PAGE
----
For the consumer, a significant litmus test could be how GM and Google create a system that is compliant with California's new Consumer Privacy Act, which echoes many of the protections established within the European Union's General Data Protection Regulation (GDPR).
Many of the services offered on Google's platform will be inaccessible, or at least stripped of many features, unless the customer associates their Google ID with the vehicle and subsequently accepts the terms and conditions of usage. These terms and conditions will be the primary clue as to how Google plans to use consumer data and the overall terms of the data sharing agreement. In fact, the customer may have to accept two different sets of terms and conditions - one with GM when the vehicle is purchased or registered, and a separate one with Google once the customer associates their Google account to the vehicle.
For the consumer, the benefit of accepting these terms is tangible: they get a seamlessly integrated experience across Google's products and services, from Maps to Assistant to the Play Store. The value proposition of looking up a destination on Google Maps on a mobile phone or web browser, and having that destination automatically populate on the vehicle is clear - and something that automakers have failed to achieve due to the dominance of the Google Maps platform and the inability to truly integrate into the embedded infotainment experience. Furthermore, having a direct Assistant integration increases the value proposition of the Assistant ecosystem to consumers, bolstering the day-to-day usefulness of the platform and providing a competitive differentiator over competing solutions, primarily Amazon's Alexa.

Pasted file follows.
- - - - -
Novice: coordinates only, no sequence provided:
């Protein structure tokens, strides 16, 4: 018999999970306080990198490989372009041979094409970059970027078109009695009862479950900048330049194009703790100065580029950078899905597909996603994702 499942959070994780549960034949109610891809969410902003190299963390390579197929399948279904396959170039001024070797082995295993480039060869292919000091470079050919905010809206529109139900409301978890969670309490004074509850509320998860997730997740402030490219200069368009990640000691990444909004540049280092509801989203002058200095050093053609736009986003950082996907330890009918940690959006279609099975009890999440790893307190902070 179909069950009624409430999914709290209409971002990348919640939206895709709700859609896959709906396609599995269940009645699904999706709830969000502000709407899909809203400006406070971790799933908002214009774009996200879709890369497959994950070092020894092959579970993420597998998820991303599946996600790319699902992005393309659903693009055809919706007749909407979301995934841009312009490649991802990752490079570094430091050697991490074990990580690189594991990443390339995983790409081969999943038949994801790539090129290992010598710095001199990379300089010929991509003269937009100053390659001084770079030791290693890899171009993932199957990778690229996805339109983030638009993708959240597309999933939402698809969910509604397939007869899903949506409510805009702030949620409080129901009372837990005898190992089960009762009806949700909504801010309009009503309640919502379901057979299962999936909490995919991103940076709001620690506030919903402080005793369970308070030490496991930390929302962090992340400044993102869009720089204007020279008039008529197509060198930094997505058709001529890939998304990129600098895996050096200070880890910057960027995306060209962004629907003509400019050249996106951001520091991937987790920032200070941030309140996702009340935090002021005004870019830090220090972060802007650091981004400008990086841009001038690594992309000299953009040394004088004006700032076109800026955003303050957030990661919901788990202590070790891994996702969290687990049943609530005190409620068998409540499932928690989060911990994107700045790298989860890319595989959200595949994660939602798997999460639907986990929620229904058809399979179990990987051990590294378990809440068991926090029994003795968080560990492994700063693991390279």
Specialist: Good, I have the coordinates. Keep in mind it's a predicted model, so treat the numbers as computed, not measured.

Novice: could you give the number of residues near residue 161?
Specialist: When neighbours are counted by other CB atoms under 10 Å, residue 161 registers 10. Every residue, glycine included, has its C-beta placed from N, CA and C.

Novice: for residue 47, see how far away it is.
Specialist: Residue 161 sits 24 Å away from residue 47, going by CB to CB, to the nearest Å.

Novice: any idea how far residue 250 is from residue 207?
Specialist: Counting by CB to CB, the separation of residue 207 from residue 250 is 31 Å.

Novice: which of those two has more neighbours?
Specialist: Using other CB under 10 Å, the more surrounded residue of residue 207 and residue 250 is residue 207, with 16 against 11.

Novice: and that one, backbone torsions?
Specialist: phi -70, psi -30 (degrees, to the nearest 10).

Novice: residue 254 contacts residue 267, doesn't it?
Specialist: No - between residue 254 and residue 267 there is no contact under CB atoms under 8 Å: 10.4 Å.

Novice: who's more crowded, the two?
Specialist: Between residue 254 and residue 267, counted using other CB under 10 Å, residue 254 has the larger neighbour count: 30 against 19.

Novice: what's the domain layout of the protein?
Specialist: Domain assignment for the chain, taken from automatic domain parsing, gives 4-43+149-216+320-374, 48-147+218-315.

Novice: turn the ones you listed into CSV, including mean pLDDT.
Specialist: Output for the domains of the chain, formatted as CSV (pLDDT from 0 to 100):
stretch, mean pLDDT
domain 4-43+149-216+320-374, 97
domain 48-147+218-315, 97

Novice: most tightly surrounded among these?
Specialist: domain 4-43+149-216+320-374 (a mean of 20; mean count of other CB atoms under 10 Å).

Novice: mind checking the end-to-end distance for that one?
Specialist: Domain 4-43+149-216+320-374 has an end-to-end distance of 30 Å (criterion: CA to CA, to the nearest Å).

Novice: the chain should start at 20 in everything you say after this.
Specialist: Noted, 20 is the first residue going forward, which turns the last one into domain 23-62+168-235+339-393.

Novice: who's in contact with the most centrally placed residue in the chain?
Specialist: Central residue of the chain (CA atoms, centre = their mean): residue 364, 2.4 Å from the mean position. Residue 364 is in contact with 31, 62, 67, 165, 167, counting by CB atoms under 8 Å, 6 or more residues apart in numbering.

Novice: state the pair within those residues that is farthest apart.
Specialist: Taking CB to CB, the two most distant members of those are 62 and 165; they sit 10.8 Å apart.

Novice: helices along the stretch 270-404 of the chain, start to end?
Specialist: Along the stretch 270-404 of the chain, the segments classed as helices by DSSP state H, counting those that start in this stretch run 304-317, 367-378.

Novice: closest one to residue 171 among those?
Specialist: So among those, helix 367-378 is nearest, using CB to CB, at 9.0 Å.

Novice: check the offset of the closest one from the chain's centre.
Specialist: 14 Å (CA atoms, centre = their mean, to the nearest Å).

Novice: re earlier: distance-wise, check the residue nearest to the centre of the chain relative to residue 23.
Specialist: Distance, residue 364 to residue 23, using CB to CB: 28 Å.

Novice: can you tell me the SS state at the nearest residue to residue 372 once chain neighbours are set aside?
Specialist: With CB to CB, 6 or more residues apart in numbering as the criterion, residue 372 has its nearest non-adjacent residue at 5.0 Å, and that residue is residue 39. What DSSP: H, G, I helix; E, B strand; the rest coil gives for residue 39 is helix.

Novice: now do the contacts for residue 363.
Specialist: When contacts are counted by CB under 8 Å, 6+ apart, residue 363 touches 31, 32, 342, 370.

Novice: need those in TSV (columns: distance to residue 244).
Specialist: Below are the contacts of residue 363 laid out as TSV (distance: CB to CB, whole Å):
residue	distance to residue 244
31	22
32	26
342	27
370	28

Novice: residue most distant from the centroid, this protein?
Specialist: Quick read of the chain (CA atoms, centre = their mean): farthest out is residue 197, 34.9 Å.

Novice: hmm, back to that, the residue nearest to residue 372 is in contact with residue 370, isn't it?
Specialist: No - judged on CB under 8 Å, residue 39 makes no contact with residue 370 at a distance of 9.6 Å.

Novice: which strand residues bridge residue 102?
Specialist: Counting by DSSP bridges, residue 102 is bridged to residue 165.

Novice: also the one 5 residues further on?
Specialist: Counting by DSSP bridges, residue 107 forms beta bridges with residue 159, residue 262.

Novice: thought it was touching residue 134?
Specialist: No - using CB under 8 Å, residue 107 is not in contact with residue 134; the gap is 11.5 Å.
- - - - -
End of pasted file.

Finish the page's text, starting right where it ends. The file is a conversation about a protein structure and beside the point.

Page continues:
Given the tumultuous relationship between governing bodies, tech companies, and data privacy advocates, the level of consumer control over how data is used and shared may change over time in different markets. In fact, if it weren't for the data, Google probably wouldn't even bother with Android Automotive in the first place as the end goal is to quite simply monetize the consumer's journey.
The terms of this agreement will be a surprise to many in the industry, and for some will even change the calculus as to whether or not Android Automotive should be considered as part of their next-generation platform.
On one hand, automakers who choose to employ similar terms as GM and deploy Android Automotive only serve to bolster Google's leverage over automakers as it establishes a dominant market position. On the other hand, automakers who don't deploy Android Automotive will struggle to build solutions that are as convenient and user-friendly as Google-enabled infotainment systems.
In addition, Google is unequivocally disrupting the traditional automotive infotainment supply chain. Tier 1 suppliers such as Harman, Bosch, and Continental face abject commoditization on Google-enabled infotainment platforms, and the technology and mapping suppliers in the ecosystem such as TomTom, HERE, and Xevo have almost zero scope on such platforms.
Because no other single company can offer the range of services that Google offers, these suppliers will be forced to stitch together competing solutions with assets from their partners as well as with Google's competitors such as Amazon and Microsoft. One example is Telenav's VIVID infotainment solution, which integrates Amazon Alexa into an app-based platform integrated with a connected navigation solution. These solutions check a number of the same boxes that Android Automotive does while addressing many of the data concerns that Google's solution presents, but come short in providing access to a true developer ecosystem (i.e. Play Store) and consumer scale (i.e. Assistant and Maps).
At SBD Automotive, we have been tracking and forecasting how this ecosystem will develop over the coming years. Our experts regularly benchmark and strategically evaluate various infotainment offerings, helping the industry curate infotainment strategies that meet their own objectives while mitigating supplier and other risks.
Connect with Alex on LinkedIn